If you're headed to Ecuador (and/or the Galapagos) in the coming months, the Centers for Disease Control (CDC) has a recommended list of vaccinations travelers may need or want to consider. Make sure you look into these at least a minimum of four to six weeks before flying.
The CDC has a standard list of routine vaccinations that travelers should ensure are up to date prior to traveling to Ecuador. Many of these were received as children while others are administered as adults.
Routine Childhood Vaccines
Typical routine childhood vaccines include:
- Hepatitis B
- DTaP (diphtheria, tetanus, and pertussis)
- Hib (Haemophilus influenzae type B)
- MMR (measles, mumps, and rubella)
- Hepatitis A
- HPV (human papillomavirus)
Adult Routine Vaccines
There are some childhood vaccines that may need to be updated as an adult. Things like tetanus boosters are recommended every 10 years, and you may elect to get yearly flu shots. Routine adult vaccines may include:
- Td (tetanus and diphtheria)
- Tdap (tetanus, diphtheria, and pertussis)
- Hepatitis A and B
Recommended Vaccines for Most Travelers
The CDC has recommended the following vaccines for most travelers to Ecuador, which includes those traveling on to the Galapagos Islands.
- Typhoid: Contaminated water and food in Ecuador pose a risk for contracting typhoid. If you are staying with friends and family, visiting smaller cities or rural areas, or are an adventurous eater, the CDC especially recommends you get a typhoid vaccine.
- Hepatitis A: Regardless of where you stay or eat, Hepatitis A is a risk in Ecuador through contaminated food or water sources. Hepatitis A is a viral liver disease that can cause mild to severe illness in patients.
Vaccines for Some Travelers to Ecuador
There are several additional vaccines that you should specifically discuss with your healthcare provider. The CDC notes that these may vary based on where you are going within the country, how long you plan to stay, what you will be doing, and whether you are traveling to Ecuador from another country versus direct from the United States.
- Rabies: Rabies can be transmitted by dogs, bats, and other mammals; however, the CDC notes rabies is not a major risk to most travelers. They recommend the vaccine only for specific groups of travelers. These include those active in the outdoors in remote areas that would prove to be a higher risk for bites (like caving or other adventure travel), those working around animals during the trip, those on long trips or staying in remote areas of Ecuador, and children as they tend to play with animals and not report animal bites.
- Yellow Fever: Yellow Fever can be a risk in certain spots of Ecuador, so the CDC recommends the vaccine for travelers who are nine months or older who plan to visit one of the affected areas. It's important to note that there is a government entry requirement of yellow fever vaccine if you are traveling from a country where yellow fever is a risk. The United States is not on that list, but a variety of other countries are on the 2018 Yellow Fever Virus Transmission Risk (YFV) Chart. These countries are within Africa and Central and South America. For example, if you are visiting Ecuador after spending time in Argentina or Colombia, you'll need a Yellow Fever vaccine if you are flying into Ecuador from there.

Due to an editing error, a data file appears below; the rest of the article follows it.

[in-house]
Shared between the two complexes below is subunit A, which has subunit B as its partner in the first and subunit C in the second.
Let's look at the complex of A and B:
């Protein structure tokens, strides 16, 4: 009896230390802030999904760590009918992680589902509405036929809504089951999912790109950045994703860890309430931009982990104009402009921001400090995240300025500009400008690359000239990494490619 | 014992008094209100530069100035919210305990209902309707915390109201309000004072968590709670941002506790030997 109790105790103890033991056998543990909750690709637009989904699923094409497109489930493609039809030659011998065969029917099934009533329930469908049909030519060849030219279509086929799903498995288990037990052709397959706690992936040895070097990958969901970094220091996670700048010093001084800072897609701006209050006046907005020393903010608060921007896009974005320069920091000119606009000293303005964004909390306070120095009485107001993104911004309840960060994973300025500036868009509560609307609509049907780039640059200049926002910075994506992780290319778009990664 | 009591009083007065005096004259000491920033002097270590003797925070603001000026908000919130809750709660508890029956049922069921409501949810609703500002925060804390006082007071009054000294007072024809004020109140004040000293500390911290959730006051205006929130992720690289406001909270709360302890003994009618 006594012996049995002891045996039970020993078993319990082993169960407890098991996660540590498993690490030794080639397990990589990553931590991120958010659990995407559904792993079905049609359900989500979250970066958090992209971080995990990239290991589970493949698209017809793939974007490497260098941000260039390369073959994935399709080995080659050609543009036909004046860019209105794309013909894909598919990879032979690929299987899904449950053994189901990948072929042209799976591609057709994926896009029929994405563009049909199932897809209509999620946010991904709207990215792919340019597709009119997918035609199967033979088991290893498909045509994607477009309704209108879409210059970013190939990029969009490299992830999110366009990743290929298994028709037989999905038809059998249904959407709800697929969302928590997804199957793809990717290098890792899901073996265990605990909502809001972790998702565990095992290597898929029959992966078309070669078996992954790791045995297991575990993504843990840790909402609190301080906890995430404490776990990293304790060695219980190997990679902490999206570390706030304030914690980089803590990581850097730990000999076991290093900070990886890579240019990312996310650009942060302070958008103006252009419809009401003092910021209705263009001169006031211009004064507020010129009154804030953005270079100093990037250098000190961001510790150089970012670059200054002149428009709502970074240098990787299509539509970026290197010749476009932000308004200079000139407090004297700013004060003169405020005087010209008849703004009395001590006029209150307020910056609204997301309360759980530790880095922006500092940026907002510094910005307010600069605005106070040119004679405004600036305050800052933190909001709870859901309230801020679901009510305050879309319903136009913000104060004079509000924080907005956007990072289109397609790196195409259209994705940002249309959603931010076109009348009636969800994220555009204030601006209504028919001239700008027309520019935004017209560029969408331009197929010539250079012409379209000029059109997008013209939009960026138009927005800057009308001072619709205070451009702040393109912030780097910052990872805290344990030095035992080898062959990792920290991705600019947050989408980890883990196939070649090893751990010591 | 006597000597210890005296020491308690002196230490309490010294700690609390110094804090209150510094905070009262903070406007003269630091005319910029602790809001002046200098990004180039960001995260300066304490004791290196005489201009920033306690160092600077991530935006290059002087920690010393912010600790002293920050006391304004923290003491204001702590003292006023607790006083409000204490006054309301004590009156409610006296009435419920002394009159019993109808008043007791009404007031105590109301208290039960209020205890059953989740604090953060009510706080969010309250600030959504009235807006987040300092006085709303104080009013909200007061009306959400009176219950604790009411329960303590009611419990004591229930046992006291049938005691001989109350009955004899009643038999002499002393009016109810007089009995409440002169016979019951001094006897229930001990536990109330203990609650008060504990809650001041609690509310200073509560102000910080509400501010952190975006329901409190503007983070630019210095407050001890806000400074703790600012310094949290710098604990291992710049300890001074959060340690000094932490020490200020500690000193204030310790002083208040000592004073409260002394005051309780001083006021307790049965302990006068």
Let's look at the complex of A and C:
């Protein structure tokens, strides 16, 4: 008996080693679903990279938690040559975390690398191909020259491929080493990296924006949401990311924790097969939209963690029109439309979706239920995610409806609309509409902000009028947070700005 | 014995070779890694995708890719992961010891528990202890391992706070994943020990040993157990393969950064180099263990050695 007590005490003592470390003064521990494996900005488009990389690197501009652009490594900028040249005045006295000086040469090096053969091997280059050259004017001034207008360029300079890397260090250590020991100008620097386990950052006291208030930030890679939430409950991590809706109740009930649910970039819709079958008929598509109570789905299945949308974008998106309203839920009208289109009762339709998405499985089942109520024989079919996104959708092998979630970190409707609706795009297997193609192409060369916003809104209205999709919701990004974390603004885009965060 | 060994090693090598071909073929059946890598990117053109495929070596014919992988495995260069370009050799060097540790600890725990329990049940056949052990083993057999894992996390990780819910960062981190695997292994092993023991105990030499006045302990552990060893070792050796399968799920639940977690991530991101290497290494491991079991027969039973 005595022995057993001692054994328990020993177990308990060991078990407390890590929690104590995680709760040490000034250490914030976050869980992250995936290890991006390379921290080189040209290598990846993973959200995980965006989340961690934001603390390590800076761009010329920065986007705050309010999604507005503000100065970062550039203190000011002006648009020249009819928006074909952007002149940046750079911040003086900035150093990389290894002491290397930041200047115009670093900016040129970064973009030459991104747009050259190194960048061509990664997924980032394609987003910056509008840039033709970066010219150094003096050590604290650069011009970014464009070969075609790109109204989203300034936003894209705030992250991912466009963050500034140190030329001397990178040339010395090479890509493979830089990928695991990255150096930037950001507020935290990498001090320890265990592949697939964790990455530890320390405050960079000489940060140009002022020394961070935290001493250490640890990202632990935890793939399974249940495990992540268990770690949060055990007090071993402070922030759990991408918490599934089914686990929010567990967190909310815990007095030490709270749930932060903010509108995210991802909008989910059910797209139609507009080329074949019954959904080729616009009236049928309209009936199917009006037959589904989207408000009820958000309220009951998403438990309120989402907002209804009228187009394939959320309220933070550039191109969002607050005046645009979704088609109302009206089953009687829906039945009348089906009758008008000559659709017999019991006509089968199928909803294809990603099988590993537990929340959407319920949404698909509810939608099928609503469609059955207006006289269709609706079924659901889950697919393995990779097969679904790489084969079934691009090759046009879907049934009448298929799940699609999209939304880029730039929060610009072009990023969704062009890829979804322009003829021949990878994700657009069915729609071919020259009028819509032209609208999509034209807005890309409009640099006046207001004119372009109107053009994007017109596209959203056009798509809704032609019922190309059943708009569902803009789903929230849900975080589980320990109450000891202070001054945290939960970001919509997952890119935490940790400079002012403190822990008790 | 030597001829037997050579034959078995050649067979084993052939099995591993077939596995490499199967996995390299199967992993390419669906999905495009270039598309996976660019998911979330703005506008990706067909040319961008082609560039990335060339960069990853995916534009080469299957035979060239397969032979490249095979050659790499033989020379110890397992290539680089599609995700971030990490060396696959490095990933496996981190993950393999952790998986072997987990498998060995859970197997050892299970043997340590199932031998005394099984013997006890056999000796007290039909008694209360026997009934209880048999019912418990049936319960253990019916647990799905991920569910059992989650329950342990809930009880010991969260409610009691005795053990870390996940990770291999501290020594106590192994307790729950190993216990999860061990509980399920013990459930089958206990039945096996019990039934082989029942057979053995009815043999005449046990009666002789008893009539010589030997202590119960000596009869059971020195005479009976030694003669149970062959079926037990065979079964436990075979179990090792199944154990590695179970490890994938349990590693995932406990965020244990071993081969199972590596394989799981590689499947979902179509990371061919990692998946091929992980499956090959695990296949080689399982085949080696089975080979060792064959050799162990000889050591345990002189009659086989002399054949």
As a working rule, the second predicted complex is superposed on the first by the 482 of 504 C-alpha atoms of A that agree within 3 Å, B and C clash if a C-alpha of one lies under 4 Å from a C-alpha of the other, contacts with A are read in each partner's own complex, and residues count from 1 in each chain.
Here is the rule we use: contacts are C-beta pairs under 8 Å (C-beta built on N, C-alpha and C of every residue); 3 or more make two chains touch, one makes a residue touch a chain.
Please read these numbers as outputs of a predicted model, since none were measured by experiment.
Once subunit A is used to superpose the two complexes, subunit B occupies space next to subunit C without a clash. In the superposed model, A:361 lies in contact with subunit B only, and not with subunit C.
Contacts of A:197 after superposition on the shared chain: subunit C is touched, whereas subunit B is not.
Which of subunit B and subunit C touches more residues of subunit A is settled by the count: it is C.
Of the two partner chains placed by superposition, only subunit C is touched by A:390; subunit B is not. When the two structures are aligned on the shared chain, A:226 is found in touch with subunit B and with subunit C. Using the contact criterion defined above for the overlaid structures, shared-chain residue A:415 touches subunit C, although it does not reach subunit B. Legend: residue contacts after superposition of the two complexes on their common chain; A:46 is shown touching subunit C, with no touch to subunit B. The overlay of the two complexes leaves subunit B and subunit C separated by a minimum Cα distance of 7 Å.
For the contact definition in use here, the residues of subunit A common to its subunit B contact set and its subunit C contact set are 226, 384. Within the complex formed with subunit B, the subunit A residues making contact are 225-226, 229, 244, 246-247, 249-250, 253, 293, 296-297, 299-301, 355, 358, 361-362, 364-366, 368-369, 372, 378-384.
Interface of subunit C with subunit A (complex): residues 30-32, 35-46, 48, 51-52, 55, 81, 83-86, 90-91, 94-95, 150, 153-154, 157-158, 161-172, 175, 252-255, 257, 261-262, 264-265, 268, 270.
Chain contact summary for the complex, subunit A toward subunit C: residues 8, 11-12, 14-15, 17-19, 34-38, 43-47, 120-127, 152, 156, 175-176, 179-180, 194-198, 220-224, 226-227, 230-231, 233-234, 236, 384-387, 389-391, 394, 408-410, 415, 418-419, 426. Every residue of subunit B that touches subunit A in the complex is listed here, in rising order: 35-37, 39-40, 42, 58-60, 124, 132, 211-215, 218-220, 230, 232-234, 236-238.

- Hepatitis B: Travelers seeking medical treatment, planning to get a tattoo or piercing, and/or have the potential to engage in sex with a new partner are at risk for Hepatitis B. Hep B is transmitted through sexual contact, contaminated needles, and blood products. Hepatitis B attacks your liver and can cause both acute and chronic problems down the line for the infected person.
- Malaria: Malaria is also a risk for travelers to Ecuador, which means you need to avoid mosquito bites. Malaria prevention requires you to take prescription medication before, during, and after the trip. It's best to talk to your doctor about the specifics of your trip to determine whether the malaria course is a necessity.
Zika Virus in Ecuador
As of December 2017, the CDC has Ecuador and the Galapagos listed as "Alert Level 2, Practice Enhanced Precautions" for Zika. The mosquitos that spread Zika typically live at altitudes of 6,500 feet and lower due to environmental conditions. Travelers who are visiting destinations in Ecuador that are above 6,500 feet generally face minimal risk.
There is no vaccine available for Zika, which is primarily transmitted by mosquito bites. Pregnant women should not travel to areas that have a risk of Zika as it can be passed to the fetus and cause serious birth defects. The CDC website specifically notes that pregnant women should not travel to any region of Ecuador that is below 6,500 feet.
It can spread not only through mosquito bites, but also through sexual intercourse. If you are pregnant and your partner is traveling to Ecuador, it's recommended to use condoms for the remainder of your pregnancy. If you're considering getting pregnant in the near future, talk to your health care provider about possible risks.
If you do travel to a Zika-infected region in Ecuador, wait six months to try to conceive after you return (or from the start of any symptoms) if you are a man or a couple traveling together. A woman, whose partner does not travel, needs only to wait two months after returning (or from the start of any possible symptoms).
Staying Healthy on the Road
Unfortunately, you can't always prevent every illness or injury while traveling, but you can take certain precautions to help reduce the risk. Make sure you pack preventative medications and supplies that may be invaluable. Items like diarrhea medicine, insect repellent, sunscreen, water purification tablets, antibacterial ointments, and motion sickness medicine are good items to keep on your packing list. And, don't forget to pack proof of your Yellow Fever vaccine if you're flying into Ecuador from one of the at-risk countries.